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Gingras v. Lloyd

August 3, 1984

CAROLINE GINGRAS, LULIA GUESS, SALLY HERNANDEZ, DEAN LUDORF, ANTONIO MORENO DE JESUS, MABEL STANFORD, BY HER NEXT FRIEND ELEANOR PITTS, ON THEIR OWN BEHALF AND ON BEHALF OF OTHERS SIMILARLY SITUATED, PLAINTIFFS-APPELLEES,
v.
DOUGLAS LLOYD, COMMISSIONER OF HEALTH SERVICES, STATE OF CONNECTICUT, STEPHEN HEINTZ, COMMISSIONER OF INCOME MAINTENANCE, STATE OF CONNECTICUT, DEFENDANTS-APPELLANTS.



Appeal by defendants from so much of a judgment of the United States District Court for the District of Connecticut, Warren W. Eginton, Judge, as awarded plaintiffs attorney's fees in the amount of $15,806.25, plus costs, pursuant to 42 U.S.C. § 1988, following the denial of all relief requested in the complaint. Vacated and remanded.

Author: Kearse

Before: KEARSE, PIERCE, and MARKEY,*fn* Circuit Judges.

KEARSE, Circuit Judge:

Defendants Douglas Lloyd, Commissioner of Health Services for the State of Connecticut, et al. (the "State"), appeal from so much of a final judgment of the United States District Court for the District of Connecticut, Warren W. Eginton, Judge, as awarded plaintiffs attorney's fees in the amount of $15,806.25, plus costs, pursuant to 42 U.S.C. § 1988 (Supp. V 1981), in connection with plaintiffs' suit under 42 U.S.C. § 1983 (Supp. V 1981), seeking declaratory and injunctive relief against the State's announced closing of a hospital. On appeal, the State contends that since all of the relief requested by plaintiffs in the lawsuit was denied, plaintiffs were not entitled to an award of attorney's fees because they were not "prevailing parties" within the meaning of § 1988. Because we cannot determine from the district judge's rulings upon what premise he made the award of fees, we vacate the award and remand the matter to the district court for findings and clarification.

BACKGROUND

The action was commenced in February 1981, shortly after the State announced that the Laurel Heights Hospital (the "Hospital"), which administered to the special rehabilitative needs of persons afflicted with tuberculosis and other chronic disabilities, would cease operations on March 12, 1981. Plaintiffs, patients at the Hospital, alleged that the closing would violate their due process rights under the Fourteenth Amendment to the Constitution and would constitute discrimination on the basis of race and physical handicap, in violation of Title VI of the Civil Rights Act of 1964, 42 U.S.C. § 2000d-2000d-4 (1976), and § 504 of the Rehabilitation Act of 1973, 29 U.S.C. § 794 (Supp. V 1981).

Following the receipt of a report by court-appointed special masters, the court denied plaintiffs' motion for a preliminary injunction, and the State was allowed to close the Hospital on schedule. Eventually, the court denied all of the relief requested by the plaintiffs, except for their request for attorney's fees.

The court dealt with the matter of attorney's fees in two opinions. In its first opinion, the court noted that "[a] prevailing party under § 1988 has been defined as one whose success "on any significant issue in litigation . . . achieves some of the benefit . . . sought in bringing the suit." Hensley v. Eckerhart, [461 U.S. 424, 103 S. Ct. 1933, 1939, 76 L. Ed. 2d 40 (1983)] (quoting Nadeau v. Helgemoe, 581 F.2d 275, 278-79 (1st Cir. 1978))." Ruling on Plaintiffs' Motion for Attorneys' Fees, dated September 26, 1983 ("First Ruling"), at 2. The court noted that plaintiffs' motions for class certification, declaratory judgment, and injunctive relief had all been denied, but stated that this did not mean that plaintiffs were not prevailing parties:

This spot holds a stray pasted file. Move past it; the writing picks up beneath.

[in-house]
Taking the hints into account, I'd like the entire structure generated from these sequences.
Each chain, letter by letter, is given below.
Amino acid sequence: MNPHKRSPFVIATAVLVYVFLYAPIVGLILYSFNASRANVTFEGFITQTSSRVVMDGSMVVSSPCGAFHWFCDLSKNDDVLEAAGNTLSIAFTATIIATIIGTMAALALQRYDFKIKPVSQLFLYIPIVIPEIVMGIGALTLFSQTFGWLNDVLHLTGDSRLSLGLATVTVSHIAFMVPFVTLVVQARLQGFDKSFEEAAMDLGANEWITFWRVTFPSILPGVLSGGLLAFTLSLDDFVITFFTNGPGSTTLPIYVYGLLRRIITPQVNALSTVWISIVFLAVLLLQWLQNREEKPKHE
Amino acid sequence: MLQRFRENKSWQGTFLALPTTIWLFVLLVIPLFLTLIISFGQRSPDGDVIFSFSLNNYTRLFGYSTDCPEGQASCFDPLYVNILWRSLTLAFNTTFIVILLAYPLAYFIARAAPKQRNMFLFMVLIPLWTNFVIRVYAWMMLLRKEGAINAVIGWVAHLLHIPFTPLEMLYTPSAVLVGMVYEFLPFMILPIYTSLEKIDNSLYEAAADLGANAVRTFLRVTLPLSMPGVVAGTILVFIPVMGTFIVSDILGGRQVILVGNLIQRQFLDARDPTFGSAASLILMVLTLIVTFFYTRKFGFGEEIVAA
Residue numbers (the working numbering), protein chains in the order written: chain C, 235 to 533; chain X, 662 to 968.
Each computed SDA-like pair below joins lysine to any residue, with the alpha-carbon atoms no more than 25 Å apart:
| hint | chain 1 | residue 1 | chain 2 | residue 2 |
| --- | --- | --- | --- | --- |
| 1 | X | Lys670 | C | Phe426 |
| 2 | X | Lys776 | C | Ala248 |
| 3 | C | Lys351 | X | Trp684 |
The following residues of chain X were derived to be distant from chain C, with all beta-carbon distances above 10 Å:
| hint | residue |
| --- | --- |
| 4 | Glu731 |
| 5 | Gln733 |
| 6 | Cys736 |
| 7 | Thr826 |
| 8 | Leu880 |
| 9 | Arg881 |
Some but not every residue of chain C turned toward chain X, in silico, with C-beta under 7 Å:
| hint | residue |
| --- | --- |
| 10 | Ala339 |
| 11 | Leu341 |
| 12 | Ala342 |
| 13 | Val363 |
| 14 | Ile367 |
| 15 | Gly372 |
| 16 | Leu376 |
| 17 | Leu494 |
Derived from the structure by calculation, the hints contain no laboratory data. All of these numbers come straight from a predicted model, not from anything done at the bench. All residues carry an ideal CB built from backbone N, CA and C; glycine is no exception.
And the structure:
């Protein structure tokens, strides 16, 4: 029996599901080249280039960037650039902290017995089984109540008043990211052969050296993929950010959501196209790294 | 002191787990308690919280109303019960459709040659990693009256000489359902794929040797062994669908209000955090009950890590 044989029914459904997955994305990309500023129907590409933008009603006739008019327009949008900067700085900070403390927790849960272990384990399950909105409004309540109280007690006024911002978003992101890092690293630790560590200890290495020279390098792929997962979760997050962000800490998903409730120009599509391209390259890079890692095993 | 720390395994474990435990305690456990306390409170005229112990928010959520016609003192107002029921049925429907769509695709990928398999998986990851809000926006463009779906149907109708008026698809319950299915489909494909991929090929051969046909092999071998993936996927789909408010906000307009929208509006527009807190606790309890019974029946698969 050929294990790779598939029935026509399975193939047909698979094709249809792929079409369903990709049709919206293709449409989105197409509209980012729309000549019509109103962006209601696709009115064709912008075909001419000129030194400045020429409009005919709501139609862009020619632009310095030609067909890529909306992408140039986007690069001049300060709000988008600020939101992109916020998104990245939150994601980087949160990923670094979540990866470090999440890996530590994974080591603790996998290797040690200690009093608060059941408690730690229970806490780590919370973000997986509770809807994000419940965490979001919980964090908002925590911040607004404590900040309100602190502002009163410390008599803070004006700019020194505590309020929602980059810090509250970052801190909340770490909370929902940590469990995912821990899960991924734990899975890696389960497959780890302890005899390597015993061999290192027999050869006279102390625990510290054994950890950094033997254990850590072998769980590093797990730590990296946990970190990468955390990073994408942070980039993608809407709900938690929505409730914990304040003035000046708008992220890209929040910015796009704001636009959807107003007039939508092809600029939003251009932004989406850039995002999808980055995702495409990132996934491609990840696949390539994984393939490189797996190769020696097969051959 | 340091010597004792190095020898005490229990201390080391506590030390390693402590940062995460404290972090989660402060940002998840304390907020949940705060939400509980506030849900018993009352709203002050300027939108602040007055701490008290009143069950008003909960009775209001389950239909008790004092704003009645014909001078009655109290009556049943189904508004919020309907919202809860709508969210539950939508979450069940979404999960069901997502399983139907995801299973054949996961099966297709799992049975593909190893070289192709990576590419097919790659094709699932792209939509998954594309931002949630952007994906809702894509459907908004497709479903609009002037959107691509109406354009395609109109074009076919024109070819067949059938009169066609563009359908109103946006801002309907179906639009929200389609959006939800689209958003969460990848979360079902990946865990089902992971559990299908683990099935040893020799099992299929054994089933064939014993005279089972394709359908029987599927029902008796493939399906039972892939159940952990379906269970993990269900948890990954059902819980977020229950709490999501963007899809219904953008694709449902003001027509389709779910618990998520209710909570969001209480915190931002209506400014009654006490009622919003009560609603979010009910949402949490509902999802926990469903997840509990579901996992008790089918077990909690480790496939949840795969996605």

In fact, the arguments of the plaintiffs prompted the court to appoint three doctors to review the state's plans for relocating plaintiffs to facilities comparable to Laurel Heights. The results of these doctors' review, which were reported to the court before the scheduled closing date of Laurel Heights, satisfied the court and the plaintiffs of the adequacy of the state's disposition plans.

Thus, the court allowed Laurel Heights to close on schedule, not because plaintiffs utterly failed in their proof, but because the thorough and tireless efforts of the court-appointed doctors allowed the court to reach an informed decision before the scheduled closing date.

The court recognizes defendants' contention that the court-appointed doctors merely confirmed the soundness of the existing plans of the state for relocating the plaintiffs. The court also recognizes, however, that the slow-turning wheels of the bureaucracy no doubt moved more quickly and efficiently when subject to the scrutiny of the court-appointed doctors.

Thus, the court finds that plaintiffs qualify as prevailing parties within the scope of § 1988, and are entitled to an award of attorney's fees. Accordingly, to the extent that it seeks some award of fees, plaintiffs' motion is GRANTED.

First Ruling at 3-4. The court directed the parties to brief the question of the amount of "reasonable fees."

The parties duly submitted additional briefs; plaintiffs sought an award of $30,349.04. The court awarded $15,806.25. In discussing the factors to be considered in determining the ...


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